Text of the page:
The Cleantech Playground (CTP) is a testbed for clean, innovative technologies in the heart of the city of Amsterdam. The concept, which aims at closing the (biological) loop, is set up in North Amsterdam in two adjoining areas: an incubator for creative entrepreneurs (De Ceuvel) and a floating residential neighbourhood (Schoonschip).
The production of food (partly under glass) is combined with decentralised energy generation, water treatment and processing of organic waste using innovative technologies. This TKI ‘Loop-Closure Cleantech Playground’ research project focuses on the watercycle at De Ceuvel, which consists of 15 small office spaces (former houseboats) and one restaurant.
The general objective of the project was to demonstrate a local loop-closure in the city. The primary goal of the small-scale pilot project in North Amsterdam was to achieve maximal local loop-closure of the cycle by applying innovative concepts and technological solutions. In particular, the performances of the water-related technology were monitored and evaluated in this TKI project in order to show their applicability in a sustainable circular economy. The approach revealed the suitable technologies and developments that still need to be realised.
The effectiveness and related aspects of the following water technologies were researched for and/or at the De Ceuvel site:
- (Possible) use of local water source(s) and (innovative) water treatment techniques to achieve drinking water quality.
- Processing of toilet (waste)water and fruit and vegetable and waste in a small-scale treatment unit, with resource recovery.
- Individual (grey) wastewater treatment per office unit.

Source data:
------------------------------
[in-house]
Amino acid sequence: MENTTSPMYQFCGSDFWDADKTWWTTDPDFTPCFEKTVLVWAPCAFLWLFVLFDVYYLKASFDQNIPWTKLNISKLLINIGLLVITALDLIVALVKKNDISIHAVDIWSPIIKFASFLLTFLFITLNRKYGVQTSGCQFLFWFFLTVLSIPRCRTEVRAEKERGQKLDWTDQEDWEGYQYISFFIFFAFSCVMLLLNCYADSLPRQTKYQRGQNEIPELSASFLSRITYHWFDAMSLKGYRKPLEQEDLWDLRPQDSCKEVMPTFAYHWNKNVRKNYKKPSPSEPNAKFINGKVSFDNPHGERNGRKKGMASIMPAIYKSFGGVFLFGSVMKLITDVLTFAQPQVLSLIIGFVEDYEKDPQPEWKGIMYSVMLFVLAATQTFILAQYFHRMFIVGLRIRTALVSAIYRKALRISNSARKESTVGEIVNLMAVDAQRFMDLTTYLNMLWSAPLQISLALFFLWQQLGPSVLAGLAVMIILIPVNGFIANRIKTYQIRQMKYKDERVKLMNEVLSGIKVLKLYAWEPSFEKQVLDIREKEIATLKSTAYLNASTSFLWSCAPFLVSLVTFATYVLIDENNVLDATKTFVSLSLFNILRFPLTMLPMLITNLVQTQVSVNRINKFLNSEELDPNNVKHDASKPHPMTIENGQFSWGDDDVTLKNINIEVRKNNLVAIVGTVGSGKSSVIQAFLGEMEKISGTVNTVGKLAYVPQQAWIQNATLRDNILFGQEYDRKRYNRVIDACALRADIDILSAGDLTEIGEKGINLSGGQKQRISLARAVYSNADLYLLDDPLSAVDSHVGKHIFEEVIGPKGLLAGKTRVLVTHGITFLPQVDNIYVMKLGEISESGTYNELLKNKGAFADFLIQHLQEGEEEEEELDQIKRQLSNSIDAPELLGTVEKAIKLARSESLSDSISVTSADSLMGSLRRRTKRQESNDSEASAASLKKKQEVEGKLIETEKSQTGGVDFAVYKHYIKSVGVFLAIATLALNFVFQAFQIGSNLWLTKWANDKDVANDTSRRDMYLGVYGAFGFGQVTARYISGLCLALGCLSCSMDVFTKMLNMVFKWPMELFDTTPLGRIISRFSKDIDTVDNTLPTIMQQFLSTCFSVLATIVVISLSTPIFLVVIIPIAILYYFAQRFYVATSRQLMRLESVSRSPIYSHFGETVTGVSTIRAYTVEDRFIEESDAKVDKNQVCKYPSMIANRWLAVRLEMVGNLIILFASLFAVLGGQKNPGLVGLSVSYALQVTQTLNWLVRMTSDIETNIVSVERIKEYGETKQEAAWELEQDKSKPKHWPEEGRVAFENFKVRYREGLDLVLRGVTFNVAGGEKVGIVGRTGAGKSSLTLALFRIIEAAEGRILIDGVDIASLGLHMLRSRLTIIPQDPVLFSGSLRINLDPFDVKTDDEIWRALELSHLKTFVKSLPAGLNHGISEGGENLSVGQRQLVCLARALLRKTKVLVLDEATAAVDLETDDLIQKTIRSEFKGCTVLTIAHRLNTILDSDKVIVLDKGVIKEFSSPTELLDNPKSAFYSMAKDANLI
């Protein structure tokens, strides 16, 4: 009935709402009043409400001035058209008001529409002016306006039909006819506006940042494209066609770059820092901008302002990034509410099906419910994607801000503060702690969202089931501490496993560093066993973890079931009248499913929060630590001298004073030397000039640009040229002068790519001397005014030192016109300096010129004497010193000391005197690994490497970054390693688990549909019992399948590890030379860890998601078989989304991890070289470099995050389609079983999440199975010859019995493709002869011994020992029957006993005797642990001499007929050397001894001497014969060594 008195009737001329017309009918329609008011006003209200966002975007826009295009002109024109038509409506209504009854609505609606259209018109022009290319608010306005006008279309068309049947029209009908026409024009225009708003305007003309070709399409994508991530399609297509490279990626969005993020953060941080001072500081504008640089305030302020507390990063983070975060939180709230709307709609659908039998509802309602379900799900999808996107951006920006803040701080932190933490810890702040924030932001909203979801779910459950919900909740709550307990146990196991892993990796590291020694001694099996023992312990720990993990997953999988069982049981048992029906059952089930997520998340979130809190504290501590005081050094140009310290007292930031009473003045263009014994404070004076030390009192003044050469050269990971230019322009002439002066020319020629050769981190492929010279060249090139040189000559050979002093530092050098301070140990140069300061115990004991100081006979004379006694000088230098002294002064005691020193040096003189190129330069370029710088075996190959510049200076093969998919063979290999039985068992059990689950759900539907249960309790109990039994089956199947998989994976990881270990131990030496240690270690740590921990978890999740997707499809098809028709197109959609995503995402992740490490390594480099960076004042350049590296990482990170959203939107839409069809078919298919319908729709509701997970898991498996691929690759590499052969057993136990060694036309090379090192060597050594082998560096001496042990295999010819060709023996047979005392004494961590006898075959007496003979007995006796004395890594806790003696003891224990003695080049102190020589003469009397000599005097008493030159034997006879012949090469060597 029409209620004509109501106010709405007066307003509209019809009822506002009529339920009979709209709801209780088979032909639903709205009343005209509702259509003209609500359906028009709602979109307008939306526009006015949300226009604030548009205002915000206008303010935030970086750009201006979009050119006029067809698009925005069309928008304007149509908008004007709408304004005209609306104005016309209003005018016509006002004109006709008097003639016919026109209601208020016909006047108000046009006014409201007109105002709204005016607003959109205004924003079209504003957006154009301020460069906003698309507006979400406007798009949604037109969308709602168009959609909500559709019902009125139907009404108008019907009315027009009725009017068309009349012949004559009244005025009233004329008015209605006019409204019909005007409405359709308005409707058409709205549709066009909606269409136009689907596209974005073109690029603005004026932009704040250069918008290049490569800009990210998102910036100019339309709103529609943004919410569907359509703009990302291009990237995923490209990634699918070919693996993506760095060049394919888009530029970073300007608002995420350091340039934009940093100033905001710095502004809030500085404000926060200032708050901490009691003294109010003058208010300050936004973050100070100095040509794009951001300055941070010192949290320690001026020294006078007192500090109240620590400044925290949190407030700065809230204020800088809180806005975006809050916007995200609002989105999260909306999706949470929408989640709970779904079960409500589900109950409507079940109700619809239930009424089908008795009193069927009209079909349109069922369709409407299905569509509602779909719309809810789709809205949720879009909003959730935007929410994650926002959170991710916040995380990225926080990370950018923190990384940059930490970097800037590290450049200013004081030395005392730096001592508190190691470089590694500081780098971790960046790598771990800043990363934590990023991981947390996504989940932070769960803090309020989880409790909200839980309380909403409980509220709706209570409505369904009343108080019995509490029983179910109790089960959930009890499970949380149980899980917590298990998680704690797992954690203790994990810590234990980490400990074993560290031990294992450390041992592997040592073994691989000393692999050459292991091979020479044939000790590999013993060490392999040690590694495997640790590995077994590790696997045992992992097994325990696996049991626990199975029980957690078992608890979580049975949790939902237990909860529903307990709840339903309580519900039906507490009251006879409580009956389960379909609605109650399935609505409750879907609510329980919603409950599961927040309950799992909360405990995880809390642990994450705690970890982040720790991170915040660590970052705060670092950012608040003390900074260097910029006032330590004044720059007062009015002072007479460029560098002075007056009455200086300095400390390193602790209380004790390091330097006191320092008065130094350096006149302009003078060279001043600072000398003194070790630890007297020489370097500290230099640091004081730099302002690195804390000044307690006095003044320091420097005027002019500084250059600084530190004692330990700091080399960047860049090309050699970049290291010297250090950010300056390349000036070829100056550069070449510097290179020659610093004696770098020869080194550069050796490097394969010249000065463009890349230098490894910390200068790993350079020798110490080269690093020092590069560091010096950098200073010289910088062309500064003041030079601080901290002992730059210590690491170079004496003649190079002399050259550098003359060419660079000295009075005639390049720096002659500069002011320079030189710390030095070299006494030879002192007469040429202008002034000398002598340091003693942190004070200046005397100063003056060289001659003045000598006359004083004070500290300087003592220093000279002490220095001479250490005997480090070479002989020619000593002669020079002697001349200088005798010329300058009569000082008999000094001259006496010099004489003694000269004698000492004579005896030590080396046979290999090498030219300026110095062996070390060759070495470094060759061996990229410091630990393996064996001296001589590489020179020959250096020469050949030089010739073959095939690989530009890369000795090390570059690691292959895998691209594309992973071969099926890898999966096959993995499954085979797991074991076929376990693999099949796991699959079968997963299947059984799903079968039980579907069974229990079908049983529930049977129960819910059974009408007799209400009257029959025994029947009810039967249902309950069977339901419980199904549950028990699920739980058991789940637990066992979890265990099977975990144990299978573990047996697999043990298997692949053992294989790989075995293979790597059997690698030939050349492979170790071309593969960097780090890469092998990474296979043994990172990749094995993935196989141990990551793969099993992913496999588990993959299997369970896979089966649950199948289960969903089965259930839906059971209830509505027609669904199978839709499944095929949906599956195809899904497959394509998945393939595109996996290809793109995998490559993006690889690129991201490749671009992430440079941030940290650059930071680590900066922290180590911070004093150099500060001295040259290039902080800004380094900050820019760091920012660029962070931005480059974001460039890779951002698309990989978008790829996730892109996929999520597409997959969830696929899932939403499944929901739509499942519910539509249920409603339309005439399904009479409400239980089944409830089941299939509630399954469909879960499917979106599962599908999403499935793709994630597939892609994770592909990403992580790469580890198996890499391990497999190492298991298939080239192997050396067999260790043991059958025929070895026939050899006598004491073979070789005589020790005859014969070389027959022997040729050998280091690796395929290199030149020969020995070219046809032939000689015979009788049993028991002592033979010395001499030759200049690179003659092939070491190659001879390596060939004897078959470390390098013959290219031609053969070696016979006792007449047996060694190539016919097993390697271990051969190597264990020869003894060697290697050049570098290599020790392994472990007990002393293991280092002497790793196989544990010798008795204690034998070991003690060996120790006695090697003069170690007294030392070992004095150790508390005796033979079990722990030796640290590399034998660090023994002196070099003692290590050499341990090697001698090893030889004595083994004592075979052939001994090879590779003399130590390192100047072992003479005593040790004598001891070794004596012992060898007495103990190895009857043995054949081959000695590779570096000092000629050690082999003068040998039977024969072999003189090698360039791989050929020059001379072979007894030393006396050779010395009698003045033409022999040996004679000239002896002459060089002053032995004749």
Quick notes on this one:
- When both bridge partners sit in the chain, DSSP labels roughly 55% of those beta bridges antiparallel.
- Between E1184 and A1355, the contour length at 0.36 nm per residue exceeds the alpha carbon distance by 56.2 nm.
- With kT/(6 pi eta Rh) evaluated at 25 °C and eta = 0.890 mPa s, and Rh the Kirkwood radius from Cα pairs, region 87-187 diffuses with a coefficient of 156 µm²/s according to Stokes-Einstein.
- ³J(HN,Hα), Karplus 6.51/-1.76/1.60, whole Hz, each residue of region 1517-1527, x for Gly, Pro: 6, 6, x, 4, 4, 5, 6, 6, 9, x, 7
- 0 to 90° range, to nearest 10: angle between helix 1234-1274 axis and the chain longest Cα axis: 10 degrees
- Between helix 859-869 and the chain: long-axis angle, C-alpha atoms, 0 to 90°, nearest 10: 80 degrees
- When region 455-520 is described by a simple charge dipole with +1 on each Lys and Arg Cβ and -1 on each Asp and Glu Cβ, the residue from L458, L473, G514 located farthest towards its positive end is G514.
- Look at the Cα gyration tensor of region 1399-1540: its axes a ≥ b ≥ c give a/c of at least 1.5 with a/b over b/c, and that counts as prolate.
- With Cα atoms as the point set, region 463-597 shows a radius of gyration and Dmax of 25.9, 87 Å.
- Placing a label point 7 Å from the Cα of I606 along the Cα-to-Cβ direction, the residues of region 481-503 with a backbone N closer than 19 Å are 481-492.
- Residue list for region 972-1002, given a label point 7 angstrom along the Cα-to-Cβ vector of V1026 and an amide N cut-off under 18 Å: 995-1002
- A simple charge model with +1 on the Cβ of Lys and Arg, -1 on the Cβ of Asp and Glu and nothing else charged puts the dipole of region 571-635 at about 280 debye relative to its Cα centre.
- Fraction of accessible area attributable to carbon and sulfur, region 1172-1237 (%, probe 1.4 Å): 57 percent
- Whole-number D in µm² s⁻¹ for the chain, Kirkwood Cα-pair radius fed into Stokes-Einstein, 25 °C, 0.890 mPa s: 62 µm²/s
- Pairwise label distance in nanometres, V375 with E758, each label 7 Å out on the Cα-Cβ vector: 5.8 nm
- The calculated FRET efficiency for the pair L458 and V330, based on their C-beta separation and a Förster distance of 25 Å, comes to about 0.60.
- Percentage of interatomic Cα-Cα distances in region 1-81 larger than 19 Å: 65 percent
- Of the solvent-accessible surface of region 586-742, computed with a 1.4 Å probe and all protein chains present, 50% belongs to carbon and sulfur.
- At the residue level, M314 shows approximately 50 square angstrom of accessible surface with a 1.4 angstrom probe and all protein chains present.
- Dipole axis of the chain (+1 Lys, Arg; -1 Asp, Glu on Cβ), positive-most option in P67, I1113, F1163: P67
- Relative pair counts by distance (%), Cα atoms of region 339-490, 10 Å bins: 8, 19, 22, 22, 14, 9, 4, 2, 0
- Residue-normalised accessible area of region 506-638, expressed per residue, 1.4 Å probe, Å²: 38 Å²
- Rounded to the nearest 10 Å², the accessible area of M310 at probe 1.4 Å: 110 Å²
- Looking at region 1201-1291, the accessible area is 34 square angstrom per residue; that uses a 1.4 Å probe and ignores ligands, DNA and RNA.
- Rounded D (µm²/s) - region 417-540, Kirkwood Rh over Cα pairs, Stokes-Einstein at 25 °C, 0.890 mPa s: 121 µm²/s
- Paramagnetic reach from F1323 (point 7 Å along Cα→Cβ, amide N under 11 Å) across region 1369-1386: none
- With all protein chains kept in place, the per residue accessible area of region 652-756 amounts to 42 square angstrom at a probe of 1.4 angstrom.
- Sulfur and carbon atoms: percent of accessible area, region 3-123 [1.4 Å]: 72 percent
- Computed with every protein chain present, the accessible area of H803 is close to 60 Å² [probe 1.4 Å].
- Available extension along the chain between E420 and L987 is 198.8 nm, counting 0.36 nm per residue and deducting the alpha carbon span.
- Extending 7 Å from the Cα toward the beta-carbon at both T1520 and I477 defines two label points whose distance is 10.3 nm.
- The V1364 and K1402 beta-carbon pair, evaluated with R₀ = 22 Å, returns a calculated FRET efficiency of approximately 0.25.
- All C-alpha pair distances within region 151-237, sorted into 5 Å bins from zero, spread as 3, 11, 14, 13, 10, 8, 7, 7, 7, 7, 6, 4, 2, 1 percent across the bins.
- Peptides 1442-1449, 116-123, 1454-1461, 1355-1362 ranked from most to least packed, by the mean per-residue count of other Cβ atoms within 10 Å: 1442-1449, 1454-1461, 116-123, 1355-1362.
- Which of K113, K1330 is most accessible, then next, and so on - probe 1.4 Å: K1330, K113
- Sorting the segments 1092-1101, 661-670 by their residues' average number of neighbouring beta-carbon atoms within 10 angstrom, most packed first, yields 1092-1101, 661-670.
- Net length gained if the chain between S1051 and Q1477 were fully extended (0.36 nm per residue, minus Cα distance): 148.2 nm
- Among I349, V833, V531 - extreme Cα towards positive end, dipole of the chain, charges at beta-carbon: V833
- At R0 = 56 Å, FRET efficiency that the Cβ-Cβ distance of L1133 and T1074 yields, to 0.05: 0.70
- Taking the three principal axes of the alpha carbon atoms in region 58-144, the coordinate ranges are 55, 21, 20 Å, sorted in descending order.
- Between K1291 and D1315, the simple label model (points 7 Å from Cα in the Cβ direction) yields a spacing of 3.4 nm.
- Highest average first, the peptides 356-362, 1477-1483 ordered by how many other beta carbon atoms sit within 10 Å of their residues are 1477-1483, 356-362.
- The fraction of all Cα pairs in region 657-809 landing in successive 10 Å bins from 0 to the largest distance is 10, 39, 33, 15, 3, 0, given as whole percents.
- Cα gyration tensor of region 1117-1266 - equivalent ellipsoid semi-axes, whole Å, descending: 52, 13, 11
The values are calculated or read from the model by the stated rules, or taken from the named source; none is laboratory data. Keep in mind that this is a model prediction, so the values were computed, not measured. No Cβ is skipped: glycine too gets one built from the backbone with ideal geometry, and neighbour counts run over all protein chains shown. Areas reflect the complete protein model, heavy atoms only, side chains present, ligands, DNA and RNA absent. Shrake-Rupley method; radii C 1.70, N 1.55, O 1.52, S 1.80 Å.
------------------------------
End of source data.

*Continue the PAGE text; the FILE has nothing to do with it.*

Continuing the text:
- Analysis of the mainly central watercycle system (existing practice in Amsterdam/the Netherlands) with a view to a more decentralised, local watercycle (De Ceuvel), using, among others, Life Cycle Assessment and Quantitative Microbial Risk Assessment.
Attention was also directed at the legal framework, costs, and user behaviour and satisfaction.
Among the conclusions to be drawn from the De Ceuvel research is that the composting of faecal matter requires a long time: after an 11-month period of composting, the streptococci reduction still did not meet WHO recommended levels. The use of composting toilets is thus not recommended. However, the separate collection of wastewater streams and treatment has potential and can support a circular economy, for instance, in the recovery and reuse of nutrients. Low-tech treatment of limited volumes of grey water, using biofiltration and plants, is possible. Local production of drinking water can lighten the environmental impact compared to the current centralised drinking water production system, but only if renewable energy sources are used. Although locally-produced drinking water can meet safety standards, the required monitoring and maintenance is very challenging and costly, so that it is not recommendable, for the time being. Technically, local loop-closure is feasible, but user acceptance, and the legal framework in particular, could limit its further implementation. The legal and institutional aspects regarding local water treatment and loop-closure are currently under development and therefore still not always clear. The De Ceuvel experience has already shown that it is not easy to implement local loop-closure in the Netherlands, but that further research and experience, with larger, more representative projects, is called for. This should involve additional research into key questions concerning responsibilities, user acceptance, health and safety risks, sustainability and cost reduction.